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New Teachers Online: How-To Articles: Use New Technology to Reinforce Instruction

Cooperative Learning
Ann Stephenson

Cooperative learning is an instructional method that allows students to work in small groups within the classroom. It promotes positive interaction, interpersonal skills, both group and individual accountability, trust, leadership, decision making, conflict resolution, teamwork, and achievement.

When an adult enters the workforce life becomes one big cooperative endeavor. Companies require a diverse force of workers to implement and guarantee financial success. Learning to work together should be instructed with guidelines just as skills and behavior management are instructed.

In order to test the waters in the classroom start with a simple cooperative activity. Divide the class into small heterogeneous groups and allow them to have fifteen or twenty minutes of study time together for a spelling or vocabulary test. At this point the students may choose a team captain to help coordinate any activities they may execute together. The teacher oversees the groups but does not interfere with them unless a specific behavioral classroom rule is being broken.

At the end of the week the class is given a test and the students are scored individually. A group grade may be give as well as a small prize to the group whose average grade was the highest.

Steps for a cooperative learning lesson:

1) Choose a lesson and teach what needs to be learned along with any background information that is necessary.

Examples of cooperative lessons:

Biographies of people in history (different aspects of their lives)
Water cycle
Different perspectives of characters in a story
How the Civil War changed life in the United States
Adding and subtracting mixed fractions

2) Assign students to small heterogeneous groups. A heterogeneous group enhances learning; high-achieving students increase their understanding of ideas by explaining them to others; and middle and low achieving students will contribute and experience success with lower frustration levels.

3) Brainstorm for ideas. What would be the best cooperative learning techniques to use? These would, of course, depend on the lesson used.

4) Arrange the classroom to fit the needs of the groups.

5) Provide appropriate materials. These may include books, computers, use of the library, rulers, scissors, etc.

6) Explain the goals and expectations and give each group or student a Rubric to follow. The groups discuss what is expected of each member and each group.

One of the biggest arguments against cooperative learning is that it is too difficult to give a fair grade to each student. It is necessary to create a Rubric so that an individual student is accountable for his or her own personal grade and group grade.

Sample Rubric

 

3 points

2 points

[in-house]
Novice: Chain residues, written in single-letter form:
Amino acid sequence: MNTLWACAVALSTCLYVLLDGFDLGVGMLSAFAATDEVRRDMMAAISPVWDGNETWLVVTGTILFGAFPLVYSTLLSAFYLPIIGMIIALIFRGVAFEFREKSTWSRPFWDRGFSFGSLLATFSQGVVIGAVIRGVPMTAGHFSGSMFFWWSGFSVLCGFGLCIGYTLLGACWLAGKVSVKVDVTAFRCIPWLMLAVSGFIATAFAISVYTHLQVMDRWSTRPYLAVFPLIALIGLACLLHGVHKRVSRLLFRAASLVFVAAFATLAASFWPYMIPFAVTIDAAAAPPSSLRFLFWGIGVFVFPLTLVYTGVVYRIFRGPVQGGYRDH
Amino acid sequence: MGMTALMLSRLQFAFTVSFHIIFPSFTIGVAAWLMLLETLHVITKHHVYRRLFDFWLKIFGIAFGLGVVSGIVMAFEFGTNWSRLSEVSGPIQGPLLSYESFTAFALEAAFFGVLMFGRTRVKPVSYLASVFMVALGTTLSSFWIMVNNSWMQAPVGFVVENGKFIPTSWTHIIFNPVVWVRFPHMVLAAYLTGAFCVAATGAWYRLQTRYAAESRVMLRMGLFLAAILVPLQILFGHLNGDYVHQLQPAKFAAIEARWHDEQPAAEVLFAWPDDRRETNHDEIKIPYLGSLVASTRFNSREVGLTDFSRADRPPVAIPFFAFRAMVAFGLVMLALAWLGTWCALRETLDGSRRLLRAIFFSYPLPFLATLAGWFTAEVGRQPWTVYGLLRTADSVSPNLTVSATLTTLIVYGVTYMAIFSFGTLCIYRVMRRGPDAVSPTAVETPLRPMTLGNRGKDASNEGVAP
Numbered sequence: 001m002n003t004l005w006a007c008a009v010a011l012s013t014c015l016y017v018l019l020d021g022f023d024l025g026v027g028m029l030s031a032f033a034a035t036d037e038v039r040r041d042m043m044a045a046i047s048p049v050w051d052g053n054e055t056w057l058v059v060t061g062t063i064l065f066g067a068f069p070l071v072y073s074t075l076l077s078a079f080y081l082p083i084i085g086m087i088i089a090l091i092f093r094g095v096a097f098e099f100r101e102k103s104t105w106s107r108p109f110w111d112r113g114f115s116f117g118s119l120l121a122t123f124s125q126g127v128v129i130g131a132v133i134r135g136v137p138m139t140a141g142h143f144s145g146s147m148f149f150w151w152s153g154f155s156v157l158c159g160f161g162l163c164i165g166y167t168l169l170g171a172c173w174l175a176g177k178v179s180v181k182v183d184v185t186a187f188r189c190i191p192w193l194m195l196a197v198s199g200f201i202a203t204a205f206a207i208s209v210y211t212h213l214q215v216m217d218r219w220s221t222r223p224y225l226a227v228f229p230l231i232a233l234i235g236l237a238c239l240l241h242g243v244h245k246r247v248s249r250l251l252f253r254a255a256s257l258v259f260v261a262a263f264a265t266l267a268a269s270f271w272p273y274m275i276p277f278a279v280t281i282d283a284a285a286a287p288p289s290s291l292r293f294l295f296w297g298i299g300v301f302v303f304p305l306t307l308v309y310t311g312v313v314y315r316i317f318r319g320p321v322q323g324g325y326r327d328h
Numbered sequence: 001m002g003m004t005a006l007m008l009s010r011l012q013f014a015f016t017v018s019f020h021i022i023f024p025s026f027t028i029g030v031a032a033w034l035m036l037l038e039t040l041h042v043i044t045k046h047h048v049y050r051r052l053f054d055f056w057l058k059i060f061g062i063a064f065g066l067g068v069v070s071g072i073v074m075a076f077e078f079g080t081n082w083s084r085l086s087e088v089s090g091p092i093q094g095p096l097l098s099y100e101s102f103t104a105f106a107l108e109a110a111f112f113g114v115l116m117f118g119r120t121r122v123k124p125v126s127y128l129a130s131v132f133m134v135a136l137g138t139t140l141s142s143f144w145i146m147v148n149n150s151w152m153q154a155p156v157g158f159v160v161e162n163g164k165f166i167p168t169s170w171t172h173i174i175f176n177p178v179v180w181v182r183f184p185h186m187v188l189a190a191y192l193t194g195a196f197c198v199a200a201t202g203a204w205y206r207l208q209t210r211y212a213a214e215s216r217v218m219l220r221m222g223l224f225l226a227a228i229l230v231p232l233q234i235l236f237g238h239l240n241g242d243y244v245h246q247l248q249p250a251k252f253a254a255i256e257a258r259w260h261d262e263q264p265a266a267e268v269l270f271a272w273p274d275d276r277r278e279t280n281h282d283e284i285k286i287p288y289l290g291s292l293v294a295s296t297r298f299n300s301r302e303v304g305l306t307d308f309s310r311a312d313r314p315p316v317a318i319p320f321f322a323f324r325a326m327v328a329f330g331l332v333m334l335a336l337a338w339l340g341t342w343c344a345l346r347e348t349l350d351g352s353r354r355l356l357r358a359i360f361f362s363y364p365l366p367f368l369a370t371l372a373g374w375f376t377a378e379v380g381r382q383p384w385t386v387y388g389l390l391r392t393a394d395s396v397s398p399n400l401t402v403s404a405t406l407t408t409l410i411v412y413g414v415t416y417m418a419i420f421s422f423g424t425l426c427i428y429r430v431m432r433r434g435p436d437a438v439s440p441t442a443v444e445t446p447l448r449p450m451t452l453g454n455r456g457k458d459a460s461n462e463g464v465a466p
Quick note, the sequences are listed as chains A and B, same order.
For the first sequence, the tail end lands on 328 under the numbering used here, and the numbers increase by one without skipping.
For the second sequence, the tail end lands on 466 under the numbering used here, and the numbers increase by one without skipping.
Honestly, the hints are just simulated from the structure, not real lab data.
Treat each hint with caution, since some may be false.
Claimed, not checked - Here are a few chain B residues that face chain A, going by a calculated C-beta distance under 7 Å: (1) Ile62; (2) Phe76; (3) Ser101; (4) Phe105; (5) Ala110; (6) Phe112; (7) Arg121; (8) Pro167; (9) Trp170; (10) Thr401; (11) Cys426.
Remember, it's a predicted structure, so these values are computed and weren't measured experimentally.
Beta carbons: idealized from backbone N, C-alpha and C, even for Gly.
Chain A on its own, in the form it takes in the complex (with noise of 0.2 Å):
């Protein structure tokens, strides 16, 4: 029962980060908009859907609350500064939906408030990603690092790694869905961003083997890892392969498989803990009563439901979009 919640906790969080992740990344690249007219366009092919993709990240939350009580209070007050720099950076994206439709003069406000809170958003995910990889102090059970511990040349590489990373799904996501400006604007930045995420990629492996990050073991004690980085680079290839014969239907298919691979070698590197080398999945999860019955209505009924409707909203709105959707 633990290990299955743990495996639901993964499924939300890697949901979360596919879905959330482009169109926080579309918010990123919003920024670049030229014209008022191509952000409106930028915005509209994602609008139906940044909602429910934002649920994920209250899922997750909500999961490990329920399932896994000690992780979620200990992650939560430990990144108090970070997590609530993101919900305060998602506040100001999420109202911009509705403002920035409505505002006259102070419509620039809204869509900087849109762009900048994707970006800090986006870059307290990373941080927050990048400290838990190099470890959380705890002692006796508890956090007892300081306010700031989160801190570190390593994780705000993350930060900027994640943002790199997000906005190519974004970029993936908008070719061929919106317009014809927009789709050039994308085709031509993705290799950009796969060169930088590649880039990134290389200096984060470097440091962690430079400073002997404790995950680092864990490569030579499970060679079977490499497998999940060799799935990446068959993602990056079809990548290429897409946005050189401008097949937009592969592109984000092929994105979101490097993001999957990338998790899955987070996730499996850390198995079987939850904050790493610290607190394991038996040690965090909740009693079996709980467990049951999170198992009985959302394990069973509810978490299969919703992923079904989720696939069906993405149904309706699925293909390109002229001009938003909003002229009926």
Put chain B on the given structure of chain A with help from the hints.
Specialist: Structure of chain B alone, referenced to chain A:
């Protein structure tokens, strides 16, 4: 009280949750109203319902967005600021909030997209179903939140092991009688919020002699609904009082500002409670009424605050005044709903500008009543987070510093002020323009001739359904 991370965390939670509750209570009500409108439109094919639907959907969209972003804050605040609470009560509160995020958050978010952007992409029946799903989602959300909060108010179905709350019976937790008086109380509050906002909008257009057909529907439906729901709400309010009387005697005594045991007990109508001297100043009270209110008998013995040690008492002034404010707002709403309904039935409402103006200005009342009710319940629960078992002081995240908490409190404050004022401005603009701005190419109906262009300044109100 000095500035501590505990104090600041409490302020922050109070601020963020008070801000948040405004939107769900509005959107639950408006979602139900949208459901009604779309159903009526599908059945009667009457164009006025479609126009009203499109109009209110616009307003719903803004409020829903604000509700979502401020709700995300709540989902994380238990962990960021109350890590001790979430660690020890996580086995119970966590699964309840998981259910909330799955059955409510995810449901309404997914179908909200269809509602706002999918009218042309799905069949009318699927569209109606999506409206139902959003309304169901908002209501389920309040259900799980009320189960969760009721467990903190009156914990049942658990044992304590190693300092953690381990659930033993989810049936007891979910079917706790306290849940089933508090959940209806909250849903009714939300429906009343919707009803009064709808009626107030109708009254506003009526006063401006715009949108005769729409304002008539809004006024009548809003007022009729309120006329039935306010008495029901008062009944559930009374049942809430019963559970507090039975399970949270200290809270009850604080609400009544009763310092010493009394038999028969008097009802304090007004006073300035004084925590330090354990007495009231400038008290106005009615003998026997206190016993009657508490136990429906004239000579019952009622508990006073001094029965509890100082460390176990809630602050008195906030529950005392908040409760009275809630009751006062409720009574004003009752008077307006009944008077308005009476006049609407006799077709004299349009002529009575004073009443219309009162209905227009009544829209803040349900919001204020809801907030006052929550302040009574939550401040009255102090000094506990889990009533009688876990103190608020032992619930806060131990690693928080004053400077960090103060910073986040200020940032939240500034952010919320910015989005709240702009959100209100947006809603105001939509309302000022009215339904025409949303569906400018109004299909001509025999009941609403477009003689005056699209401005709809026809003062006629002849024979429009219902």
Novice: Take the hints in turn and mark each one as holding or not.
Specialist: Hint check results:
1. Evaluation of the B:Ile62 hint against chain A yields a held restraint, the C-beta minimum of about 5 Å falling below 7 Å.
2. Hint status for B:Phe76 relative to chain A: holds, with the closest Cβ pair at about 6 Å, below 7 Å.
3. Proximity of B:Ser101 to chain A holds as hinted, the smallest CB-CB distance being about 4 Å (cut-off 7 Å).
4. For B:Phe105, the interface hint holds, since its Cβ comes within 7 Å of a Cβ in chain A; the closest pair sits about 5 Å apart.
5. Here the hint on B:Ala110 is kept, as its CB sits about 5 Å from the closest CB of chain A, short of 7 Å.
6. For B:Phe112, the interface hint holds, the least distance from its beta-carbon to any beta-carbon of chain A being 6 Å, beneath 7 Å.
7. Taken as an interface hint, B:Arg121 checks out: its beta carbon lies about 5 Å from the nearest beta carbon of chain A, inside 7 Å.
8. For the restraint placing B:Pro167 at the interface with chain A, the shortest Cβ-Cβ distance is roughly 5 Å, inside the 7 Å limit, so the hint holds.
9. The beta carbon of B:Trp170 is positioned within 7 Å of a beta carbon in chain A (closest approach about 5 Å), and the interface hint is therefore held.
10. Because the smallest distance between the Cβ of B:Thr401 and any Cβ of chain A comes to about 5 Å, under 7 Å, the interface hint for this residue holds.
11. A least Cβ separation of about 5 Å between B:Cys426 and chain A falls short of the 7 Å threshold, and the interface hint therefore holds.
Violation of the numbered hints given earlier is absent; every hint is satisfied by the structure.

1 point

0 points

Listening and discussing with team members

Listens, discusses, speaks in polite manner, taking turns in the group.

Listens, discusses, speaks in polite manner most of the time.

Takes over discussion and doesn’t listen to the others most of the time.

Is disrespectful and argumentative with teammates.

Focusing on task

 

Stays on task.

Stays on task most of the time.

Stays on task some of the time with reminders.

Doesn’t stay on task and produces very little work.

Problem solving

Looks for ways to solve problems.

Solves problems most of the time.

Occasionally helps to solve problems suggested by other members.

Does not initiate problem solving nor helps group with problems.

Finishing all work; both individual and group

Finishes all work in the assigned time.

Completes most assigned tasks.

Completes some work and depends on others to do the work.

Does not complete tasks or depends on others to do the work.

7) Give a detailed timeline. Provide both group and individual due dates for assignments.

8) Monitor the groups. If a particular group needs more instruction, spend time assisting them.

9) Evaluate each group by reviewing and grading the Rubric.

If any children are having difficulty working in the group, the teacher should spend time with them to find out why. The tasks given may be beyond the students’ academic reach. If this is the case they should be given something more suitable to their academic ability or learning style.

Cooperative learning does not take the place of instruction; it reinforces learning and makes it applicable. Try it in your classroom and let me know the results.

Resources

Cooperative Learning
www.context.org/ICLIB/IC18/Johnson.htm

The Cooperative Learning Center at the University of Minnesota
www.cooperation.org/

Cooperative Learning Strategies and Children, ERIC Digest
www.ericdigests.org/pre-9211/cooperative.htm

Glossary of Gifted Terms
http://nagc.org/index.aspx?id=565

Rubrics for Assessment
www.uwstout.du/soe/profdev/rubrics.shtml

Do you have a question or comment about this article? E-mail me.

For a cooperative learning lesson plan, see Author Study by Carolyn Hornik.

 

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